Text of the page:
Statistics, state budgets need gender components
Corina Pröll, Gender and Development Advisor from the Austrian Development Agency (ADA), highlighted the role of gender-responsive budgeting. She said the effects of climate change, the current pandemic and the use of natural resources are clearly not gender neutral but that they affect women more than they do men.
GWP-Med’s Senior Programme Officer Tassos Krommydas explained that the overall aim of the nexus approach is to optimize, in a combined manner and not separately the security in water, food and energy resources, while at the same time ensuring that healthy ecosystems are preserved.
Krommydas: Different sectors compete for the same limited natural resources, so interconnections and trade-offs need to be defined and reconciled to enable synergies
“The idea is to work in institutional settings and develop the legal framework and current management practices. Different sectors compete for the same limited natural resources, so interconnections and trade-offs need to be defined and reconciled to enable synergies,” according to Krommydas.
Liza Debevec, Senior Gender and Social Inclusions Specialist at GWP, urged all researchers to include gender inclusion analysis so that they are able to understand who is included and who is excluded. Participants from North Macedonia, Kosovo* and Albania mirrored her stance and explained the benefits of so-called gender data desegregation.
Traditional gender roles are isolating women
“Sustainable development is a concept of ensuring human well-being, ecological integrity, gender equality and social justice, integrating the environment, economics and society. It implies the protection of human rights including access to food, water and sanitation, widening freedoms and promoting peace. Gender equality is therefore integral to how sustainable development is defined and pursued,” said Senior Gender Advisor at GWP-Med Fiorela Shalsi.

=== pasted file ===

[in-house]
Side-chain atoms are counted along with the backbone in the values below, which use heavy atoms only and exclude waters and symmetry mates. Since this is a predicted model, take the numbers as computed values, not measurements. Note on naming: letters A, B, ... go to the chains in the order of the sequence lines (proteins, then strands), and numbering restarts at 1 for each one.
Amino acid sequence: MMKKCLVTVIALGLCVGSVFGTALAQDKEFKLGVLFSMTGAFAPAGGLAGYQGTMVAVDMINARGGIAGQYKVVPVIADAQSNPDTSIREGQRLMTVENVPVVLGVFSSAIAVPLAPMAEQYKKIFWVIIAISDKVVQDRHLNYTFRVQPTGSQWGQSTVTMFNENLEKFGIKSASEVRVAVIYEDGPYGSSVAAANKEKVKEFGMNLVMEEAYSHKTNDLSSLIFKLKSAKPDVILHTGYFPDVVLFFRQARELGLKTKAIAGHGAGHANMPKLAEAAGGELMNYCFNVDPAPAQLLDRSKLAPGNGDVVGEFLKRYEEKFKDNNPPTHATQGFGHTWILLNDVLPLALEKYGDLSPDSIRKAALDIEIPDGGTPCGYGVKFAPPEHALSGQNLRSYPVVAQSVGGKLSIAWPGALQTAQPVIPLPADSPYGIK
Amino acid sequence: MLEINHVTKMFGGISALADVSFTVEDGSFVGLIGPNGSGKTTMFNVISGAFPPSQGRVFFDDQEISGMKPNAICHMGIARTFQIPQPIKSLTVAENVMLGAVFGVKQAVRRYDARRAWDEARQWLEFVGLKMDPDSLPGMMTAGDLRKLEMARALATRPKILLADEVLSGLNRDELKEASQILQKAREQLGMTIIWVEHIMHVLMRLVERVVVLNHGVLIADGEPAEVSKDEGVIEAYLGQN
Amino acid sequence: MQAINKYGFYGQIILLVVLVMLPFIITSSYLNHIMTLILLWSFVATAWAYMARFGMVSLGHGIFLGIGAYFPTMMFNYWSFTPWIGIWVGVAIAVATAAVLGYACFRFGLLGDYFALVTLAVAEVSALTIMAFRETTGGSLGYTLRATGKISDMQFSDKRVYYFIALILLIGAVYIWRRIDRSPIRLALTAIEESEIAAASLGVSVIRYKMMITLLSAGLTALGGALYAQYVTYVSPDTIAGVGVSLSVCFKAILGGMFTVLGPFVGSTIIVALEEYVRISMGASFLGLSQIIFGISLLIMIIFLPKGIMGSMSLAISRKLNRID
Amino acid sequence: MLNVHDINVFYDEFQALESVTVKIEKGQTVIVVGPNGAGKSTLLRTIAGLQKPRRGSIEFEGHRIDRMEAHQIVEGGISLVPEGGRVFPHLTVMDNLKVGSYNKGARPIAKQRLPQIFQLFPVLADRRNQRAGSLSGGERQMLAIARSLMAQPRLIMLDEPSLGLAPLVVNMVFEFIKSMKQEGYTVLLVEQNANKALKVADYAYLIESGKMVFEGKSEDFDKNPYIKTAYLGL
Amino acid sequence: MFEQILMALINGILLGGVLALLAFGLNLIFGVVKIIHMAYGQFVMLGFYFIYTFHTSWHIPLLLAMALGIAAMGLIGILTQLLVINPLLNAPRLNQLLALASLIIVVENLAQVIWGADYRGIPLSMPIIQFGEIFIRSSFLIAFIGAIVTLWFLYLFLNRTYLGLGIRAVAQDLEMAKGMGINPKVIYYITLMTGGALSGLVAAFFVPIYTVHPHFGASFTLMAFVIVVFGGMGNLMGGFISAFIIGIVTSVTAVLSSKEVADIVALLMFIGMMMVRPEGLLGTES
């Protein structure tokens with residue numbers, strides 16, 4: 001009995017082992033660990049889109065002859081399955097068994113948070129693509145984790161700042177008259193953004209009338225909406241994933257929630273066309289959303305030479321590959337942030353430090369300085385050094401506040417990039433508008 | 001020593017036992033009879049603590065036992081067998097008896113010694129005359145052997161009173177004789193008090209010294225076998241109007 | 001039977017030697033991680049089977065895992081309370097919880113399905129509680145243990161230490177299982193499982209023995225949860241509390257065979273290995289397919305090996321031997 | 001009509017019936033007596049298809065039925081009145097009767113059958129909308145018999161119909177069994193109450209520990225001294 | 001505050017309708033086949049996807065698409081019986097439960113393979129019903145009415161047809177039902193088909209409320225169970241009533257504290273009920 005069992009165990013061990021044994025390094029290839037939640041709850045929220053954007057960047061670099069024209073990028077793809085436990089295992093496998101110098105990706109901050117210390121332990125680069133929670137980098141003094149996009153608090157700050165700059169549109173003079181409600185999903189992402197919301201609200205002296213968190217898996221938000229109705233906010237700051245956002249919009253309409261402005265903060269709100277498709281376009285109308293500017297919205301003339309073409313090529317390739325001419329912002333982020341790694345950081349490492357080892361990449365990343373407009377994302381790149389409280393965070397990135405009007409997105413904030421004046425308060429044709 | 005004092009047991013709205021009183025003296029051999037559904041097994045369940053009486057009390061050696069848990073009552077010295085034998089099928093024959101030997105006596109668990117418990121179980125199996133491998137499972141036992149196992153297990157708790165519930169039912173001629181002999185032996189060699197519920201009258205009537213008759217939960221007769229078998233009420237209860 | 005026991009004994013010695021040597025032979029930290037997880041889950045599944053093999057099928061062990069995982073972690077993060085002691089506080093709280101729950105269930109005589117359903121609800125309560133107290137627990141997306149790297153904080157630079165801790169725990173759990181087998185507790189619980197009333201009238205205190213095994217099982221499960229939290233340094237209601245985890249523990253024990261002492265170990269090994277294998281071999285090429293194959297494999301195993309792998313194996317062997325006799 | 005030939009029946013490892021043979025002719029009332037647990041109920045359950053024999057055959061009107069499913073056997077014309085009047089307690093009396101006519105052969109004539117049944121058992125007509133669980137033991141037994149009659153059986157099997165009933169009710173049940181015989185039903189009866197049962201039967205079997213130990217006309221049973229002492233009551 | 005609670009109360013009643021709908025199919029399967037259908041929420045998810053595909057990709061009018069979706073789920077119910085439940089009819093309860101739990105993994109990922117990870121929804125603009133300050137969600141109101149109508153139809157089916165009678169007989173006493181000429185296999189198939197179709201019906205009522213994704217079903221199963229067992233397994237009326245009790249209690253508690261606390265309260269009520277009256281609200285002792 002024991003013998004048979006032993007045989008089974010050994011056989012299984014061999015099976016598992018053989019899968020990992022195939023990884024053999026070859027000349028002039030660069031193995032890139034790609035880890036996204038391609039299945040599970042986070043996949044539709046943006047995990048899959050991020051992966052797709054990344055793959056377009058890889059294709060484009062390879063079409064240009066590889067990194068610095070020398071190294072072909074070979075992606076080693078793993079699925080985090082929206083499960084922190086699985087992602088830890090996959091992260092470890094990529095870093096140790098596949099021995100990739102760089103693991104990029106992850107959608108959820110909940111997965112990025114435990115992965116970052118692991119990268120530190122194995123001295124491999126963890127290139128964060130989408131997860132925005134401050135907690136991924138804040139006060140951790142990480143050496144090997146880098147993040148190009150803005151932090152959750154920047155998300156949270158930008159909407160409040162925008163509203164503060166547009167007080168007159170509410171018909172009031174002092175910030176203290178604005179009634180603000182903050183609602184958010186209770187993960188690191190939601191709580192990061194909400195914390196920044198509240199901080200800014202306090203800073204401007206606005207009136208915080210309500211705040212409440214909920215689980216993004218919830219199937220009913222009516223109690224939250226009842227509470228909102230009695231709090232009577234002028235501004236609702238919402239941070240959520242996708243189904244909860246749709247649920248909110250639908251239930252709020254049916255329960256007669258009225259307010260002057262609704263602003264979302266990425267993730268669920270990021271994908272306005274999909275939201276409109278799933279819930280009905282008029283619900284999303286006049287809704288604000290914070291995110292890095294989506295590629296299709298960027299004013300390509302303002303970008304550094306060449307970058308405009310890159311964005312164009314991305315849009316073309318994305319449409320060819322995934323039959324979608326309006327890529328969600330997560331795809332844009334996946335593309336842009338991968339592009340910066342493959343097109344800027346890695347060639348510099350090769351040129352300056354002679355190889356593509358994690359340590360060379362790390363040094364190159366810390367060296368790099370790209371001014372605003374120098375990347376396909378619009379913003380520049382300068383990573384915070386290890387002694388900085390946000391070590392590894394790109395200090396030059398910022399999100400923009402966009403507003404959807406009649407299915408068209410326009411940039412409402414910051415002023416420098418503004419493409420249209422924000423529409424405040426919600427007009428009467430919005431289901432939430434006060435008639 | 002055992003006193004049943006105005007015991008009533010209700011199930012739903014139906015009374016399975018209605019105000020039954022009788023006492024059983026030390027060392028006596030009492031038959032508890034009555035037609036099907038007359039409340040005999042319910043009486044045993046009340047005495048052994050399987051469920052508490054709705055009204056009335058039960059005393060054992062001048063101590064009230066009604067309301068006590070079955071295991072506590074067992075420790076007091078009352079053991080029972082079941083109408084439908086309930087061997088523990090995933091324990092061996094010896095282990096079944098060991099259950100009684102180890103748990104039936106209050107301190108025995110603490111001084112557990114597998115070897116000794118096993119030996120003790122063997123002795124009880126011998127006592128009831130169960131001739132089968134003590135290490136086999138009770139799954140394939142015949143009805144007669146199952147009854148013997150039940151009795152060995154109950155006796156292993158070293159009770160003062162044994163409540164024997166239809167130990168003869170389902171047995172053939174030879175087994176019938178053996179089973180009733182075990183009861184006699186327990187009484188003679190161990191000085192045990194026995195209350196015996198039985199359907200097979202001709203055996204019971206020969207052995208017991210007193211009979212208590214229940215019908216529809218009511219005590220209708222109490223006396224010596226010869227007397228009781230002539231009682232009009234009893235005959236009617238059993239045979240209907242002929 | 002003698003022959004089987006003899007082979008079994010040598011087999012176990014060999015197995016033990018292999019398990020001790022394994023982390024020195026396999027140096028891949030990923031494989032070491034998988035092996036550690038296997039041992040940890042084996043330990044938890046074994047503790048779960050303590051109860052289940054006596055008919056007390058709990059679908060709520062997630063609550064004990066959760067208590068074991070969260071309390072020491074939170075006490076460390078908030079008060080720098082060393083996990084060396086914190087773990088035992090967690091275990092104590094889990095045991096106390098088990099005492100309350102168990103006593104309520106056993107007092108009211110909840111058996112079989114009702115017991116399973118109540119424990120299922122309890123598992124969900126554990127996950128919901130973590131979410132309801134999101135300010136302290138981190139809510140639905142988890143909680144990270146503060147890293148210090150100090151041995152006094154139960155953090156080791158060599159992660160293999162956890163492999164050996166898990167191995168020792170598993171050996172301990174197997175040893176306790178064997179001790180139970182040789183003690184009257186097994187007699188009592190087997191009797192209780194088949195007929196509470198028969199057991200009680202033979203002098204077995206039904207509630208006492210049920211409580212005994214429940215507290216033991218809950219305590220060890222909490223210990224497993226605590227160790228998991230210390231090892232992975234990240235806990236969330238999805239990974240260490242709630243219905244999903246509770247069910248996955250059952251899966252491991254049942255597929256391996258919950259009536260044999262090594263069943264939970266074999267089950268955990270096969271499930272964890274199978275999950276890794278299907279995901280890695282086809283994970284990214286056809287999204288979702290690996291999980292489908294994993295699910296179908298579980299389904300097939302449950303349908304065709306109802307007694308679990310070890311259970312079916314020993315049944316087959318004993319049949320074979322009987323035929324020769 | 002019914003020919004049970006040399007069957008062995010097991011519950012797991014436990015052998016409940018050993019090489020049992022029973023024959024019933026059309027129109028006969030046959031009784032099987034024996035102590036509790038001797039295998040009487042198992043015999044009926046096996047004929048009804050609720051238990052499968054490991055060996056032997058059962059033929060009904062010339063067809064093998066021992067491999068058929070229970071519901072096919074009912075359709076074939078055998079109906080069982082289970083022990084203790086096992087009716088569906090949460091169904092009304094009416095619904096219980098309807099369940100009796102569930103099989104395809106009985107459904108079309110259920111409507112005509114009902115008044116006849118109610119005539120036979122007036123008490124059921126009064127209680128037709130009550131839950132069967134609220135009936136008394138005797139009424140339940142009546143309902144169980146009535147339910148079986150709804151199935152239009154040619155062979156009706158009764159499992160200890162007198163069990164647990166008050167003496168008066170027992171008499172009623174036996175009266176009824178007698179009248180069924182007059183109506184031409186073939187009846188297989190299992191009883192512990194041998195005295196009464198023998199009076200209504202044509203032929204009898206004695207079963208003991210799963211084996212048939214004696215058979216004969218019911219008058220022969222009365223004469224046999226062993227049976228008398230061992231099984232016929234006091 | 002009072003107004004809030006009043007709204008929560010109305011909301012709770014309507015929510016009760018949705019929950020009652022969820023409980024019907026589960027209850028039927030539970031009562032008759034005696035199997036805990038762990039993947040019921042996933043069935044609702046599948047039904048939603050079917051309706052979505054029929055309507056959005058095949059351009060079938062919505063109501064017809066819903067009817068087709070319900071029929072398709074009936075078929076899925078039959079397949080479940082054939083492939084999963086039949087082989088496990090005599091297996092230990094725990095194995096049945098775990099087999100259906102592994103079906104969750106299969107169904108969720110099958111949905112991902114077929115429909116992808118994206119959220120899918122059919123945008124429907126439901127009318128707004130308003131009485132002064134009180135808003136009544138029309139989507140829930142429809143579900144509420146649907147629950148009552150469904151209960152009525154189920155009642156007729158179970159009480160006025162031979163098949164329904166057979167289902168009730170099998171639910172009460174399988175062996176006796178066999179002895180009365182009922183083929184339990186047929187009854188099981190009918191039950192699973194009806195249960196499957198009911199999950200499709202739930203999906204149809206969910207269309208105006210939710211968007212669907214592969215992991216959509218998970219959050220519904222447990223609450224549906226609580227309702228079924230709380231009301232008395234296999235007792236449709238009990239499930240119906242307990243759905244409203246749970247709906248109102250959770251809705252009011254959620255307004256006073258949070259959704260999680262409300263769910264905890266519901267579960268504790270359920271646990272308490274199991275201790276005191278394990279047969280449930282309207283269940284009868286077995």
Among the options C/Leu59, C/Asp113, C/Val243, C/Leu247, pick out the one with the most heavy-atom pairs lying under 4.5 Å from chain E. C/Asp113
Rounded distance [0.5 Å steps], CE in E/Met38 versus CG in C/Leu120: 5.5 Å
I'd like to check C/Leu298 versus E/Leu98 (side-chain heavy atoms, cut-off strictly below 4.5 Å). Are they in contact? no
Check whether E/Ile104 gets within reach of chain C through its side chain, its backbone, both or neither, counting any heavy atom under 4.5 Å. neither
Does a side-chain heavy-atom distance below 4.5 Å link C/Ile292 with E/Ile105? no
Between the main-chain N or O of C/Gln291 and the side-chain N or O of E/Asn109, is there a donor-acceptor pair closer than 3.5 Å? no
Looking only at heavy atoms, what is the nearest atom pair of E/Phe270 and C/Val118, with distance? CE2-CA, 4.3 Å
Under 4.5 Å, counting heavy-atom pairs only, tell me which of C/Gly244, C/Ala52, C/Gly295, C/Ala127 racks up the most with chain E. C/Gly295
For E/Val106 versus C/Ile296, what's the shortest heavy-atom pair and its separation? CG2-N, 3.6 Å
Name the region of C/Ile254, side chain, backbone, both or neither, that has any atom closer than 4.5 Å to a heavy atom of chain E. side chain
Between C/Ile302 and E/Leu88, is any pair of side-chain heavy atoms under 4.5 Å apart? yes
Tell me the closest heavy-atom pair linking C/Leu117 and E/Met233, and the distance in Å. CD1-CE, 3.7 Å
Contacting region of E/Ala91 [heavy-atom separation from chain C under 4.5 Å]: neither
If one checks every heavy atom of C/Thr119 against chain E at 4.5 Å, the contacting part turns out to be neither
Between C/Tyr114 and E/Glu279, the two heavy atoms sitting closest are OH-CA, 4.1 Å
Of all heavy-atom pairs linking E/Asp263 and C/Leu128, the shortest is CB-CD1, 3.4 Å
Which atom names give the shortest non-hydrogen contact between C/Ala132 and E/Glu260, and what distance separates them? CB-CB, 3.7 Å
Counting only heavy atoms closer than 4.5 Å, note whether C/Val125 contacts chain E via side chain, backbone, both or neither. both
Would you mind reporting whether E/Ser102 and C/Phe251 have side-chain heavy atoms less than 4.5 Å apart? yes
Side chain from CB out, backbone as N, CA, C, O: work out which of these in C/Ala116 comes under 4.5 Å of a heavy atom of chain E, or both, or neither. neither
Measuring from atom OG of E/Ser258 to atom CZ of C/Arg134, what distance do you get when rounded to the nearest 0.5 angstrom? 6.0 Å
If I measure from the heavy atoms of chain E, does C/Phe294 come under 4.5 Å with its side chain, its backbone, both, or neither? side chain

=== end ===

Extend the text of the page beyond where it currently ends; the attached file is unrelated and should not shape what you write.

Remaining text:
Sustainable development also implies peace and human rights
Due to gender roles, women and men have disparities in economic opportunities, access and control to productive resources and knowledge, she underscored – they engage differently in household care, public life and decision making. One of the most pressing issues is that women don’t enjoy the same rights over land as men, according to Shalsi.
People demand basics: environment, protection from violence
Branislava Jovičić, Communications Consultant and the Founder and Editor of Balkan Green Energy News, noted that a similar online workshop was organized for the Drina river basin, shared by Serbia, Montenegro and Bosnia and Herzegovina. In her words, the challenges for women are amost the same in the two areas.
“Women from the region should think about how we can get together, make strong connections and deal with the challenges united,” Jovičić said. She presented the results of an online poll launched ahead of the workshop.
Most participants, 72.7%, identified clean and healthy environment as the most important aspect of sustainable development. Quality education was in second place, with 63.6%, while female and youth jobs and gender equality were also ranked above 50%.
The prevention and elimination of violence against women in families and the state is the most important aspect of gender equality in the personal view of the respondents, at 71.4%. It shows the pressing need to meet basic prerequisites for improving the situation for women.
Rural women mostly inherit property only if they are widowed
Vaska Mojsovska, President of the National Federation of Farmers of North Macedonia, pointed to the fact that only 27.8% of property in the country is owned by women. Moreover, in rural areas, only 5% of women are landowners, and they are usually widows.
Women in rural areas are discriminated but they are also showing a lack of awareness of their property rights
One of the main issues is that women traditionally don’t accept inheritance from their parents but they leave it to men in the family, Mojsovska said. She stressed that the National Federation of Farmers managed to get the authorities to abolish discriminatory conditions for rural women’s access to financial support.
Gender equality is one of the main components of the organization’s strategy. More than 30% of its members are women.